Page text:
John Rhea Smith’s diary and the lopsided timeline of spelling variants are a fitting introduction to Baseball Americana. The exhibit portrays change as a major theme of baseball at all points in its history; per the exhibition guide, baseball “hasn’t stayed the same in anyone’s lifetime.” But not all change is created equal, and the impression that results from Smith’s diary — an early period of uncertainty giving way to a modern era of stability — recurs throughout the exhibit. The mercurial nature of pre-modern baseball casts today’s incarnation of the sport in a stale light, with an unavoidable sense that something has been lost between then and now.

Frequent and seismic upheaval characterized baseball’s first two centuries of existence in America. Geographic growth was constant. In baseball’s youth, an 1867 “western tour” by the Washington Nationals extended to the furthest frontiers of baseball’s popularity in Chicago, but just two years later one of the Nationals’ provincial opponents on that tour (the Cincinnati Red Stockings) had become the best team in the nation. The Civil War and the construction of the Transcontinental Railroad spurred further growth of the sport inside America’s borders, while Cuban students spread baseball to the Caribbean and Latin America and an American professor brought it to Japan. Major league baseball’s expansion was slower, but eventually traced a similar path. The western edge of the league moved to Kansas City in 1954, then Los Angeles in 1958, and finally to Seattle in 1969; the first international team (the Montréal Expos) also debuted in 1969.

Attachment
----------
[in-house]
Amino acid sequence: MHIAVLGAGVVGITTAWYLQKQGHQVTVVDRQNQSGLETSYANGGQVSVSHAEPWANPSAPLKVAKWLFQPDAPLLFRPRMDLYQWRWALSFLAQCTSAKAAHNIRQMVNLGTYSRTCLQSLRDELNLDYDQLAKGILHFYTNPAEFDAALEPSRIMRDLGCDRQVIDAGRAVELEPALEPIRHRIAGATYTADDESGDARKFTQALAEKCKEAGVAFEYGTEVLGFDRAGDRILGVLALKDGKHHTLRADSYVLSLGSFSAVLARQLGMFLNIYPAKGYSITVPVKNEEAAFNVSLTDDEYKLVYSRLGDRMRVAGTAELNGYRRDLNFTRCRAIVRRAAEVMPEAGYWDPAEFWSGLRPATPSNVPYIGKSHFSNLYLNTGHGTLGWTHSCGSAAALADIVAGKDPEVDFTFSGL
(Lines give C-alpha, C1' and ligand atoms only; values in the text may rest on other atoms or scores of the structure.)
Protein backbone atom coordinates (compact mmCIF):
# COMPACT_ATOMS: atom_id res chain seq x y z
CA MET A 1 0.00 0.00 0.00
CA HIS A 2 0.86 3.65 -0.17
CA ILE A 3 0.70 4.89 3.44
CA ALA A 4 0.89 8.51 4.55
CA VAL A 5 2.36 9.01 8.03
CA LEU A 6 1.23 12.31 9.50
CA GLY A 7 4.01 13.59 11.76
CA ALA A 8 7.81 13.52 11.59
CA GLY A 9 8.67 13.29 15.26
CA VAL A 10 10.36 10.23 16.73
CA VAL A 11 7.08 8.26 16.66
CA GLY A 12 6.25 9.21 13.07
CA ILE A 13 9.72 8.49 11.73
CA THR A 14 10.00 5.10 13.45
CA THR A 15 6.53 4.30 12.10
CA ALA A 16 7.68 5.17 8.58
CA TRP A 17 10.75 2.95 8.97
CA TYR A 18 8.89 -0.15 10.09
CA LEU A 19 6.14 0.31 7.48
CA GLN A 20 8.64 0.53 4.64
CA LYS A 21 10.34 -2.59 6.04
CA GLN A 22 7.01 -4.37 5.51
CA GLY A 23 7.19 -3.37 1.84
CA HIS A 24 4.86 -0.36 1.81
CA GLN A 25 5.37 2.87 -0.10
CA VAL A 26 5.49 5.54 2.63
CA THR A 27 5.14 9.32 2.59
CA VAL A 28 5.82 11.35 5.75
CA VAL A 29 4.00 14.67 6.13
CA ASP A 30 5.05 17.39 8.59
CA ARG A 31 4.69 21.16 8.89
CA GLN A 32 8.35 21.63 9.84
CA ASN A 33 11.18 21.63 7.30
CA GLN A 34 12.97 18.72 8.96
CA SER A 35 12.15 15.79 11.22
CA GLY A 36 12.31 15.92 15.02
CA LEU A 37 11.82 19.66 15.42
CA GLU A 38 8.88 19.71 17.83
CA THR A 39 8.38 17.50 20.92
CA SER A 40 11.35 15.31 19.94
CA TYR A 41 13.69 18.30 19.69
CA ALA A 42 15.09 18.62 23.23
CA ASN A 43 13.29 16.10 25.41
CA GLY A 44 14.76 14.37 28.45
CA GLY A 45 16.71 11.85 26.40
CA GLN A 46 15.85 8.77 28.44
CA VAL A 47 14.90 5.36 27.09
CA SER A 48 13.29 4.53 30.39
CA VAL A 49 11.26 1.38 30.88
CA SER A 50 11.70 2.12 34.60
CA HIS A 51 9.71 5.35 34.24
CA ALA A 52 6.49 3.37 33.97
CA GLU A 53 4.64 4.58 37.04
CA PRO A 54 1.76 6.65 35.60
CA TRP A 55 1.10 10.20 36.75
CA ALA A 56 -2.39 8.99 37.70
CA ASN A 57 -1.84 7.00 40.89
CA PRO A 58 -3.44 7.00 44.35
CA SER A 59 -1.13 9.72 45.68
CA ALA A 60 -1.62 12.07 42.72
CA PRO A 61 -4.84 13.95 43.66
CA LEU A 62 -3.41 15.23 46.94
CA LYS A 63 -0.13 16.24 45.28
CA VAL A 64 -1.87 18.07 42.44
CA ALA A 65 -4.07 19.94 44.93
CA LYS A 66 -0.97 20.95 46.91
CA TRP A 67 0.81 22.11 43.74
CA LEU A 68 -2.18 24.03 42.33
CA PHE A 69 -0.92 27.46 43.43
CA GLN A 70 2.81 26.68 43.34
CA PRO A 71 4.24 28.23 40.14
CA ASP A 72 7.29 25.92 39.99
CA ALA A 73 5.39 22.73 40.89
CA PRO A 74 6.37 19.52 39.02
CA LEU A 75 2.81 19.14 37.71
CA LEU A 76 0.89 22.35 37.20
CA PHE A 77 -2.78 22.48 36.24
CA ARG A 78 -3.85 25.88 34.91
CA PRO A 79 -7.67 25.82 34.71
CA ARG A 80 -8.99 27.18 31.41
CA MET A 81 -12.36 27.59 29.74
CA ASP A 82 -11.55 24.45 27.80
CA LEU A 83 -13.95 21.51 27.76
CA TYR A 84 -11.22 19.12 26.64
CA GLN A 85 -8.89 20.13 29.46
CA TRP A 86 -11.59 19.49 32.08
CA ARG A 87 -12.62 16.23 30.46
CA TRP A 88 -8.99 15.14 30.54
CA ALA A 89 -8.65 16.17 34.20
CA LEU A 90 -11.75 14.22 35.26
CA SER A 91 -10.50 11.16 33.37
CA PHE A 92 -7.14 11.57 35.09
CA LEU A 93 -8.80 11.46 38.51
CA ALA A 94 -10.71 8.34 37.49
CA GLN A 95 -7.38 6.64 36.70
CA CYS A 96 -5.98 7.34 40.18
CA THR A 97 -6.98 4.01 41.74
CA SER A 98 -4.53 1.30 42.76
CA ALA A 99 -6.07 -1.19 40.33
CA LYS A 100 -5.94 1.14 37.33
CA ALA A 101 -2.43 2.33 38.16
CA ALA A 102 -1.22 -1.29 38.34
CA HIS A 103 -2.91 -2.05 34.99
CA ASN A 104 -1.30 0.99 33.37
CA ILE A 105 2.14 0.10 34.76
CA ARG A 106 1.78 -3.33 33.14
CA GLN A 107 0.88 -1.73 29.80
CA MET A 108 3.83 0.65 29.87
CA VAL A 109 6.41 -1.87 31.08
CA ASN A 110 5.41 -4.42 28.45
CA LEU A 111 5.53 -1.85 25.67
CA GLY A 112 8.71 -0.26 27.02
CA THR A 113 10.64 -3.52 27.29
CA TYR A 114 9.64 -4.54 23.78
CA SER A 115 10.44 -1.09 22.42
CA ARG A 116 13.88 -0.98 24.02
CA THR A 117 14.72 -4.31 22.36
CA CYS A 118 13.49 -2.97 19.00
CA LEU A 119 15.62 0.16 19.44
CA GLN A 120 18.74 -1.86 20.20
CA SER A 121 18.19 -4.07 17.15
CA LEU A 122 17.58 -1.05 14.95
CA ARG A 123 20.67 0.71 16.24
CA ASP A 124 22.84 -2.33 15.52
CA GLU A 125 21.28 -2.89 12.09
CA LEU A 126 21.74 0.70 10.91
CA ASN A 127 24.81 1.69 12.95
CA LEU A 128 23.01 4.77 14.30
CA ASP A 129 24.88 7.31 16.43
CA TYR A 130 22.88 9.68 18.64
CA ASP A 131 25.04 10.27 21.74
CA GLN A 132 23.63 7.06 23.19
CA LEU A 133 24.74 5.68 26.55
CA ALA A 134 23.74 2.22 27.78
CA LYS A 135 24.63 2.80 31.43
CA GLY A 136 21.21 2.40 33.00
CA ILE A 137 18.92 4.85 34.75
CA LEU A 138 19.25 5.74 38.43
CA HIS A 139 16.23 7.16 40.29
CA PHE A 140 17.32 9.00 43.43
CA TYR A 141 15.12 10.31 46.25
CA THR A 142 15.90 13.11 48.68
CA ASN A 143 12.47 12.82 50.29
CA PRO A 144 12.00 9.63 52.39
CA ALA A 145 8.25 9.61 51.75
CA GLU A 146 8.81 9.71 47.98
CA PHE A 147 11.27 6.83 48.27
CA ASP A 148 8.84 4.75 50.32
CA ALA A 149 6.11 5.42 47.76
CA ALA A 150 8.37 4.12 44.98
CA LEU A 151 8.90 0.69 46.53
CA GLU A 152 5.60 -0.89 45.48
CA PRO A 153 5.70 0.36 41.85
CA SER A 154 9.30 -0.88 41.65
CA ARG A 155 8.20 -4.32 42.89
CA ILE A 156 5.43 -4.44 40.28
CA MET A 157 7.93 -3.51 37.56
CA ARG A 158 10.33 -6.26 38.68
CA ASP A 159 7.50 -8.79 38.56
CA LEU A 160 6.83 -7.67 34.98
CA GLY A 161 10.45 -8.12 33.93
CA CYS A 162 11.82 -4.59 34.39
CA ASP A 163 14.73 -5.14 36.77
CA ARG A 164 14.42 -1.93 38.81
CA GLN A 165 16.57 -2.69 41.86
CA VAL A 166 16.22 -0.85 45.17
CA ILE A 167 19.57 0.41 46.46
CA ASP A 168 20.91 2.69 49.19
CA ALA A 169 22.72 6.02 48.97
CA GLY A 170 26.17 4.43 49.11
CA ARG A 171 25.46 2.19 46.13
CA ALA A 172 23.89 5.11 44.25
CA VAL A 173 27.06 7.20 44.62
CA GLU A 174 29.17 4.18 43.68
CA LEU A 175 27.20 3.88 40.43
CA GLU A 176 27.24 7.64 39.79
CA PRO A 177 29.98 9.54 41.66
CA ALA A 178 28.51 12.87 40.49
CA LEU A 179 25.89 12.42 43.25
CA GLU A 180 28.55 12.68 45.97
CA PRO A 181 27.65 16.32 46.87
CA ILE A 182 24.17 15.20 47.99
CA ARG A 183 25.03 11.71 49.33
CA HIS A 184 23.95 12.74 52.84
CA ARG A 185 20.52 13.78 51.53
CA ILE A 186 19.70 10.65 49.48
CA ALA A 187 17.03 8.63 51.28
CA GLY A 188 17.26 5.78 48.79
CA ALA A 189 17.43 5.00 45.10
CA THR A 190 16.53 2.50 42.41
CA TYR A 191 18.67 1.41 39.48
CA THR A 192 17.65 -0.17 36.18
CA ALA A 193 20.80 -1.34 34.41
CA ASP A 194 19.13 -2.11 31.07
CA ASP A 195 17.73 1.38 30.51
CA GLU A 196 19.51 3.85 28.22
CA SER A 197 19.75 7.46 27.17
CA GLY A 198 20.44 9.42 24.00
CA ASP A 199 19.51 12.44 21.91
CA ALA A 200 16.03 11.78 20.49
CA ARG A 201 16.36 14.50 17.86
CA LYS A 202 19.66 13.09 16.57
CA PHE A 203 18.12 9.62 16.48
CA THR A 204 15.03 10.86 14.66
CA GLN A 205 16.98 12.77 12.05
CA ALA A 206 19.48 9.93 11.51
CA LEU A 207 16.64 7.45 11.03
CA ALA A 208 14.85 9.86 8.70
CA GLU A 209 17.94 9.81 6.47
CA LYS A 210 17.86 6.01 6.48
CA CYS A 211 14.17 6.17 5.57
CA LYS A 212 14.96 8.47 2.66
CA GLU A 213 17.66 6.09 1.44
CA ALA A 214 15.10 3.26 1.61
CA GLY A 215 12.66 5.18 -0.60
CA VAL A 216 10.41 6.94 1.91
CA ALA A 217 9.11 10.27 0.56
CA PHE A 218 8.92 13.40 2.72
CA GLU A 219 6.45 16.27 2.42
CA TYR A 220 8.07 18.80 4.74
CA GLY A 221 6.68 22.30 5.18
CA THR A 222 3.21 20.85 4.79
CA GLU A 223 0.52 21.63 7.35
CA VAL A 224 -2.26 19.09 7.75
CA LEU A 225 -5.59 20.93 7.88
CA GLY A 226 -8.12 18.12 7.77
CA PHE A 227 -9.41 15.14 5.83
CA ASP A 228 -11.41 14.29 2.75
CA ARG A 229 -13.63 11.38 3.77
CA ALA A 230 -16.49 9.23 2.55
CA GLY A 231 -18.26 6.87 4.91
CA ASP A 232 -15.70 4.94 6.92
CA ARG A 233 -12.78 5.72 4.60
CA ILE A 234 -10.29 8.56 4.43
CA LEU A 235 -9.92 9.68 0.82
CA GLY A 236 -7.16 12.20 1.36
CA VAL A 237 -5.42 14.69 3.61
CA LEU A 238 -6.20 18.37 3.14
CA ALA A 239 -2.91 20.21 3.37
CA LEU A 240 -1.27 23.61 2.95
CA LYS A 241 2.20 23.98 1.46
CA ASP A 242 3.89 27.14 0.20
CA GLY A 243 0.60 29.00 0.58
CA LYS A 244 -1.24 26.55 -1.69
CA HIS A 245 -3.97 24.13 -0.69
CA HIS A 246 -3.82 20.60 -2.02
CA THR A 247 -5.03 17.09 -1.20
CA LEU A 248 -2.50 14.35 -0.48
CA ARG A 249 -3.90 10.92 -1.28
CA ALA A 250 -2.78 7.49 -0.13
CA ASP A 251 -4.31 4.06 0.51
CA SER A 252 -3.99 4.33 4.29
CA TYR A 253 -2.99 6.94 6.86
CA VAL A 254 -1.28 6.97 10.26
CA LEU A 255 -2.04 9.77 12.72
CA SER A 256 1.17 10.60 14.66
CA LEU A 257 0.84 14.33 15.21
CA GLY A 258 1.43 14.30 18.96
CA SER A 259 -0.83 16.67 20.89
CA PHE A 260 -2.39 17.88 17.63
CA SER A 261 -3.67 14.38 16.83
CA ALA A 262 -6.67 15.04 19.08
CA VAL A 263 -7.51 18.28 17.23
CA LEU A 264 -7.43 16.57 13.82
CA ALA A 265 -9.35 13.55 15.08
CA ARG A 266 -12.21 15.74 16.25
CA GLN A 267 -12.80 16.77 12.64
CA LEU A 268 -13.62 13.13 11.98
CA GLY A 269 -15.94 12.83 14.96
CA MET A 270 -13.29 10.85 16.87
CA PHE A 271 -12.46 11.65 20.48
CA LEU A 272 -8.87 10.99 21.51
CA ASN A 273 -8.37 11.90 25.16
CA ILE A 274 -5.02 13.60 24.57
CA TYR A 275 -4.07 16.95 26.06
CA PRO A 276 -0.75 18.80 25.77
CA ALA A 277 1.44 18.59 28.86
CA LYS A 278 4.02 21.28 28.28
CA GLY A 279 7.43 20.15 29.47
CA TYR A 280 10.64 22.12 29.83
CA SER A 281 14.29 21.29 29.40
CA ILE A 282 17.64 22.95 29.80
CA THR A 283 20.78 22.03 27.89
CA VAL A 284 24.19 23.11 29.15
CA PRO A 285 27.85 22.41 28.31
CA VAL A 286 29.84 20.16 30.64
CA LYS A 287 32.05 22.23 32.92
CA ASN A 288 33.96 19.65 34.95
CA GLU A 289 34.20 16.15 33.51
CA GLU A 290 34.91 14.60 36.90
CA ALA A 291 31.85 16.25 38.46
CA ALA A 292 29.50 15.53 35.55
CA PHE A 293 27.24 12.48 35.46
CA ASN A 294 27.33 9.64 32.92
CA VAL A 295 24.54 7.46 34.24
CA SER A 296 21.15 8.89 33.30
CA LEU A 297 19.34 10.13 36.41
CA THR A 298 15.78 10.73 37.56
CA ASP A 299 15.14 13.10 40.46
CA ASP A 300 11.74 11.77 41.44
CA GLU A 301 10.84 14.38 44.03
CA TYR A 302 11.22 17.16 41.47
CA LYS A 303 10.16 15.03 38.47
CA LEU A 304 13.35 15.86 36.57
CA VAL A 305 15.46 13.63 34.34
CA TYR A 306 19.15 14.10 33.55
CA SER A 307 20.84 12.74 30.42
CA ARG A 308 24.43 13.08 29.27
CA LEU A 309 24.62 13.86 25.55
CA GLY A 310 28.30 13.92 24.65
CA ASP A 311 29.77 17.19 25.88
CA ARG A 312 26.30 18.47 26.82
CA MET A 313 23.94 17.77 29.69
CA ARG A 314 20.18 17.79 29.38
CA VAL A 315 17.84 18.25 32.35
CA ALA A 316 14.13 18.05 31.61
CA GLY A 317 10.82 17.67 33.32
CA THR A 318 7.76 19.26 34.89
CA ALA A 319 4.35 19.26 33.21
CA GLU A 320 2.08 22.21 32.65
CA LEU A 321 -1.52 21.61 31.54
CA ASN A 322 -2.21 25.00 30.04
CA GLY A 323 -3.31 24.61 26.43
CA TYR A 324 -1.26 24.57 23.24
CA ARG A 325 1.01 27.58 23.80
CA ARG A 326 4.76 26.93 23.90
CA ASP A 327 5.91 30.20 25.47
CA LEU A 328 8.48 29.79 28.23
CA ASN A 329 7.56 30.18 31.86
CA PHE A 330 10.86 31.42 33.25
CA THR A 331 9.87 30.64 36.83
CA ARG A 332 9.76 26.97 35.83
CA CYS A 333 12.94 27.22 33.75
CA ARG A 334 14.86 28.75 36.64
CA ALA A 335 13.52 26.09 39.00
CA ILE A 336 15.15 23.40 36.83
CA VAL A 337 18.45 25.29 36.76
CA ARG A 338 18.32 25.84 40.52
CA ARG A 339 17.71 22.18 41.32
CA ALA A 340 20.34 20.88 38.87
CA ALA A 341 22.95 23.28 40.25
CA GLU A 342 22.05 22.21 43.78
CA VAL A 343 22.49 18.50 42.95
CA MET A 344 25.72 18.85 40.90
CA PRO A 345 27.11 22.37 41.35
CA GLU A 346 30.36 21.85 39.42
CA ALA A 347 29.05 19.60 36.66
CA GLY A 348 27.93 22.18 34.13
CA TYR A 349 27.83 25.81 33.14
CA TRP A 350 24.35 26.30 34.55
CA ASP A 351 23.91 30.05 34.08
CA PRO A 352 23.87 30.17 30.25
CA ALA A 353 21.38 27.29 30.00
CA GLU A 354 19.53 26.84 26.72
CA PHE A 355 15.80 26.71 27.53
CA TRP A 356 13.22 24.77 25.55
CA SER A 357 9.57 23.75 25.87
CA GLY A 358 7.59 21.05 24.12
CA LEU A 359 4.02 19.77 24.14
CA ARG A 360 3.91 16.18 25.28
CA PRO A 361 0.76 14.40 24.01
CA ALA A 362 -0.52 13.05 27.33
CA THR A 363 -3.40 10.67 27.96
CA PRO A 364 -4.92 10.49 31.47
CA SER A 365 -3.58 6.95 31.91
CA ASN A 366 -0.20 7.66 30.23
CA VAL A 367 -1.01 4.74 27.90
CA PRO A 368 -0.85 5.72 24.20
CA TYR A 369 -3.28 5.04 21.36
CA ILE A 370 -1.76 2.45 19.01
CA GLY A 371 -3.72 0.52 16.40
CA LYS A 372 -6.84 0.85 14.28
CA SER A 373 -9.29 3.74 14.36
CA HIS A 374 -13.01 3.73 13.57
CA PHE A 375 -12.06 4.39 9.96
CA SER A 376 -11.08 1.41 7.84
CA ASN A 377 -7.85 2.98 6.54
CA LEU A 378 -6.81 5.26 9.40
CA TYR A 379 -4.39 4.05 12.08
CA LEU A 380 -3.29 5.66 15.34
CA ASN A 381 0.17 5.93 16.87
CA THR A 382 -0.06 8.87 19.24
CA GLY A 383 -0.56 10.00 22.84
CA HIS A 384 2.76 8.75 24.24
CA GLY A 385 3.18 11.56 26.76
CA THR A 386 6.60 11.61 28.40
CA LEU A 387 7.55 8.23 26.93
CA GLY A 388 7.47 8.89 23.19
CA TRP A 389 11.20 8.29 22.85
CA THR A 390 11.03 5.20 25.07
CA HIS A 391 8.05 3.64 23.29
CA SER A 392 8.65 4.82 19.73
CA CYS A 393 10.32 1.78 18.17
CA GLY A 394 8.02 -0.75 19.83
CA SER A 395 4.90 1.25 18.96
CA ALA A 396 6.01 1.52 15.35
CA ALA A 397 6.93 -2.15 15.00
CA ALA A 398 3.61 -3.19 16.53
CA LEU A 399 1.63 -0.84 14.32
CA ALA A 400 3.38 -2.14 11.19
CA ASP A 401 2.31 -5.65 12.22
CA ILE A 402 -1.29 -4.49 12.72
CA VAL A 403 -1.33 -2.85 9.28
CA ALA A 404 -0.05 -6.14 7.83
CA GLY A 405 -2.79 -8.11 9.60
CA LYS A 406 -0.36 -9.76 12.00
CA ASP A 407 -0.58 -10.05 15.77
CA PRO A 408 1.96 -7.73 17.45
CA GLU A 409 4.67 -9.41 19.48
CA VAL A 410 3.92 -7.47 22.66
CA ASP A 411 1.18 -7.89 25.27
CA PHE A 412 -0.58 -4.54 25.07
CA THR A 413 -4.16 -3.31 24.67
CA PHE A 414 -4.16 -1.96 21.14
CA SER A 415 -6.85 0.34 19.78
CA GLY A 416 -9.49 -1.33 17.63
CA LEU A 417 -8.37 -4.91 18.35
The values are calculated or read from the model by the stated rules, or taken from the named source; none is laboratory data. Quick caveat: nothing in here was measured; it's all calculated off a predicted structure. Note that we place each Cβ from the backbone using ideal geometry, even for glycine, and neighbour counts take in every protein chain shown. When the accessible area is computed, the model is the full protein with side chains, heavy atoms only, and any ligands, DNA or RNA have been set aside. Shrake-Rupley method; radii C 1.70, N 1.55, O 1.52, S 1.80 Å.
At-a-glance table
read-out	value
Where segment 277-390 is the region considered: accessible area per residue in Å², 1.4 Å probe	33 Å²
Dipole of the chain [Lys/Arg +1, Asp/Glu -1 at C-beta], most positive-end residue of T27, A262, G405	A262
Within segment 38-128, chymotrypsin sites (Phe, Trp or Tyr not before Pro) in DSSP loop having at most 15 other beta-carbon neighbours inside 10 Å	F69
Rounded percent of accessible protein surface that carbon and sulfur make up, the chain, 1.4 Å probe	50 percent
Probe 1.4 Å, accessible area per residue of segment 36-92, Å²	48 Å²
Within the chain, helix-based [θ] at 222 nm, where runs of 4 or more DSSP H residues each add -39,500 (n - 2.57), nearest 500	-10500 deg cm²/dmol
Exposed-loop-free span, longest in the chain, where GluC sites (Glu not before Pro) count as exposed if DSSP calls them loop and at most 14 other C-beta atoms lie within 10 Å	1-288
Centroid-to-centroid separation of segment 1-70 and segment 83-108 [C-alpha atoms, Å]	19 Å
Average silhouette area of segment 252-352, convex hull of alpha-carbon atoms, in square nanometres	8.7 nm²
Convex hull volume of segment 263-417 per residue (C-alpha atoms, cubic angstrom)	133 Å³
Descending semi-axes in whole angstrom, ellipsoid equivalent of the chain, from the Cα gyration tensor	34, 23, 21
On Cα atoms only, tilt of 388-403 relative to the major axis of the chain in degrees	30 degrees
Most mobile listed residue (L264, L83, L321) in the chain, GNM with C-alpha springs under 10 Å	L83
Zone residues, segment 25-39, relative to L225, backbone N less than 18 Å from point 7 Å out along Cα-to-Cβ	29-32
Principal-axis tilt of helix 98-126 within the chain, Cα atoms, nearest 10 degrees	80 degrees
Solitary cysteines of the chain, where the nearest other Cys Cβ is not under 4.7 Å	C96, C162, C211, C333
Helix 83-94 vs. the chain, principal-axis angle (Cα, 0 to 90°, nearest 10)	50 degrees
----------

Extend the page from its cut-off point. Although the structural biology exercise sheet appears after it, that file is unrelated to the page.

The rules of the game were also in constant flux during this period. The sport defined in the 1857 “Rules of Base Ball” is recognizable — nine players to a side, nine innings to a game, 90 feet between bases — but only just. Until 1864, a ball caught on the fly or on the first bounce counted as an out. Gloves were completely absent from baseball in the 1850s, seen as an effete affectation of the injured or sensitive in the 1870s, and an essential piece of equipment in the 1890s, before finally taking their familiar webbed form in the 1920s. The ball varied wildly in its composition and construction until the American League and the National League agreed on a standardized form in 1934. Doctored pitches were not banned until  1921. The mound was created in 1893, with the precise height left up to the home team until 1950 and not fixed at its current height until 1969. In ways small and large, the rules of baseball were always changing throughout the 19th and most of the 20th century.

And the rules that governed the off-the-field aspects of the game were hardly more stable, in the major leagues or in the sport as a whole. The aforementioned Cincinnati Red Stockings were able to rise to dominance so quickly thanks to their innovative strategy (in the 1860s) of paying players, allowing them to acquire all the best talent from around the sport. Less than two decades later, owners colluded to stifle even the limited freedom the players had gained by instituting the reserve clause, which would last until Curt Flood’s holdout in 1970 and the gradual onset of free agency.